Art and Literature: Guiding Journalists in Trauma's Portrayal
E. Ann Kaplan is a distinguished professor of English and comparative literary and cultural studies at Stony Brook University. A literary and film scholar, she has written several books and papers about how trauma is portrayed in various media, including "Trauma Culture: The Polities of Terror and Loss in Media and Literature." In this presentation her focus was on "art that addresses the ethical and aesthetic challenges of representing trauma." In opening her remarks, she asked, "If trauma is not cognitively accessible or available in memory, how can we make art about it?" She observed that the artistic process of representing trauma is about 'finding ways to preserve its horror while organizing," the aesthetic experience so that spectators can take it in and grow from what is shown."
The difficulty lies in finding aesthetic strategies appropriate to constructing a position for the viewer--and this is very important--that enables the viewer to take responsibility, and secondly, for creating a witness where there was none before. Yet in some representations of trauma there is a danger of what I call "empty empathy." On the other hand, there is the danger of sensationalizing trauma so that audiences are vicariously traumatized--that is, they experience secondary trauma--and turn away in shock. So if the danger is what one critic calls "unwanted beauty" in works dealing with catastrophes, then trivializing through a too-easy aesthetic access is another.
In some works of art one finds an element of trauma's elusiveness and subversion of reality. These works arguably position the viewer as a witness to trauma in an elusive, disturbing, perhaps haunting way, but nevertheless provoke in the viewer a need to take responsibility. These pieces, each in its own way, explore the structure of an injustice and its accompanying rage. [See box on next page.]
A main characteristic of the witnessing position is the deliberate refusal of identification only with the specificity of the individuals involved. I'm arguing that for true witnessing to take place, a certain distancing from the subject is necessary to enable the interviewer or the viewer to take in and respond to the traumatic situation. When art constructs that sort of position for the spectator, it enables attention to be drawn to the situation, rather than merely to the subject's individual suffering. This opens out to embrace larger social and political meanings.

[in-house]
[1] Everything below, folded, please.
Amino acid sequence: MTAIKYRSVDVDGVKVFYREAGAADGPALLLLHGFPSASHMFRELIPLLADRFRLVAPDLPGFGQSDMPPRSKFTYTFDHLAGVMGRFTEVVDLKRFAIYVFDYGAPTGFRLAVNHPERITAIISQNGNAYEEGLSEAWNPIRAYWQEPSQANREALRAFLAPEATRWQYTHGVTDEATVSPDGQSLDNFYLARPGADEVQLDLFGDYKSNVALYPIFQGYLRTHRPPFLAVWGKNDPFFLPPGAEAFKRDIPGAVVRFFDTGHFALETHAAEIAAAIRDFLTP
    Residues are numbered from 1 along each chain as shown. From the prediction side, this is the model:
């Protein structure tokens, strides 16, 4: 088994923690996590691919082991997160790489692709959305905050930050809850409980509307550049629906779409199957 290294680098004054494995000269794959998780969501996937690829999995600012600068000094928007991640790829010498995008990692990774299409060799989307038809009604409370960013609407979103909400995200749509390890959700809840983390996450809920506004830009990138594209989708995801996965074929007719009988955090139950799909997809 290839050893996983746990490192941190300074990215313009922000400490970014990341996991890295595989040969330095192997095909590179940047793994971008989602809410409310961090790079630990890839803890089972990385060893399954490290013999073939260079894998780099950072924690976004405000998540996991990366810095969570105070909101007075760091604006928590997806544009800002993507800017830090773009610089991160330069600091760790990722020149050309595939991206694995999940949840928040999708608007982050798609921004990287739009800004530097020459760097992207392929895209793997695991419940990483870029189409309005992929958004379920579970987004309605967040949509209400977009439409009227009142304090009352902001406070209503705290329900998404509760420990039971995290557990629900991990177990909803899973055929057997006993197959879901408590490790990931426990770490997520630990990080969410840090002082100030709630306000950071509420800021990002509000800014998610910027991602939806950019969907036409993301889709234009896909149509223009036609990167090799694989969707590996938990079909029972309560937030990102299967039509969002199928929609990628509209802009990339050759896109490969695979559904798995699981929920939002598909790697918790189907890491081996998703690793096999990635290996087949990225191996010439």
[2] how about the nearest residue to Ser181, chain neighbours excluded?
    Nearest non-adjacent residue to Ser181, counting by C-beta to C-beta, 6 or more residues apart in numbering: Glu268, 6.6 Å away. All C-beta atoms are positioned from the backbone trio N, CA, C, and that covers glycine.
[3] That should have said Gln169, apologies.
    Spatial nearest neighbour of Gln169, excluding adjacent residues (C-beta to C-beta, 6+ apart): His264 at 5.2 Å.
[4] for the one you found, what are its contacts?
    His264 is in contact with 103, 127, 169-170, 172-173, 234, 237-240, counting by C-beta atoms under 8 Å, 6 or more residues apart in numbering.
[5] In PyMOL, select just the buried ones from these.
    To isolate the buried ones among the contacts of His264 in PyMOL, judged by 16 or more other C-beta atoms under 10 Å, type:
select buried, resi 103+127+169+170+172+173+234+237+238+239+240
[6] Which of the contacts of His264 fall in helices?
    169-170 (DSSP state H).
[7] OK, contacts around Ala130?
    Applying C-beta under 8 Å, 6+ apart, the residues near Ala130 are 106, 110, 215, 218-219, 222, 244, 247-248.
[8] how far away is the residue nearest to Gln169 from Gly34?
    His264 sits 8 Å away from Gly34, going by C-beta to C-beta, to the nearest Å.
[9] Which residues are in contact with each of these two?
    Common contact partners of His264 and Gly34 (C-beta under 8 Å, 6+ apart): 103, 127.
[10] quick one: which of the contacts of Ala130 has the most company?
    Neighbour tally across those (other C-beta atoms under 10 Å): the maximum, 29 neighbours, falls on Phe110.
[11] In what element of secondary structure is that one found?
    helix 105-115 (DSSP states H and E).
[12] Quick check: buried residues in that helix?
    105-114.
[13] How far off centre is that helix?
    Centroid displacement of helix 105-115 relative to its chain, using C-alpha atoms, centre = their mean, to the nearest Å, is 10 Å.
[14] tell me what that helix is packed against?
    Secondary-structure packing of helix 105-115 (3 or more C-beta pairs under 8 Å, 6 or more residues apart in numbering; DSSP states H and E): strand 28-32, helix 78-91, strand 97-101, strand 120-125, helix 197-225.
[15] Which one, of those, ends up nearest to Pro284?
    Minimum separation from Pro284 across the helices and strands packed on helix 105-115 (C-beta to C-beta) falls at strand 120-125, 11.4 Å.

Rose Moss is a writer, poet and teacher who, in her fiction and nonfiction writing, tells stories about exile, disruption, faith, reconciliation and justice. Moss began her "Aftermath "remarks by talking about the process of koshering by "exposing raw meat to salt, and the salt draws out the blood and then the meat is, relatively speaking, bloodless and suitable for Jews to eat.... Koshering struck me as one example of how people in almost every culture I know curb raw experience by making it something in the culture, by marking it."
One of the characteristics of trauma as I have heard about it--and, to a tiny extent, experienced it--is that that civilizing separation of withdrawing of blood doesn't happen, can't happen, when people are traumatized. It's just one raw thing after another; one is overwhelmed by the experience and that is followed by this feeling of "I can't explain it. No one has experienced anything like this." Of course, most of us know that if you're not going to give up on the traumatized person, or if the traumatized person is not to give up on himself, there has to be work to make this experience relatively communicable and communicated because that's the nature of being human: we speak, we are understood, we understand one another, and we come together. And without that, we lose our humanity. People intuitively know that this re-humanizing can be accomplished through the arts.
Several years ago a number of Nieman Fellows came here after working in the Balkans, where they had been exposed to all sorts of traumas. …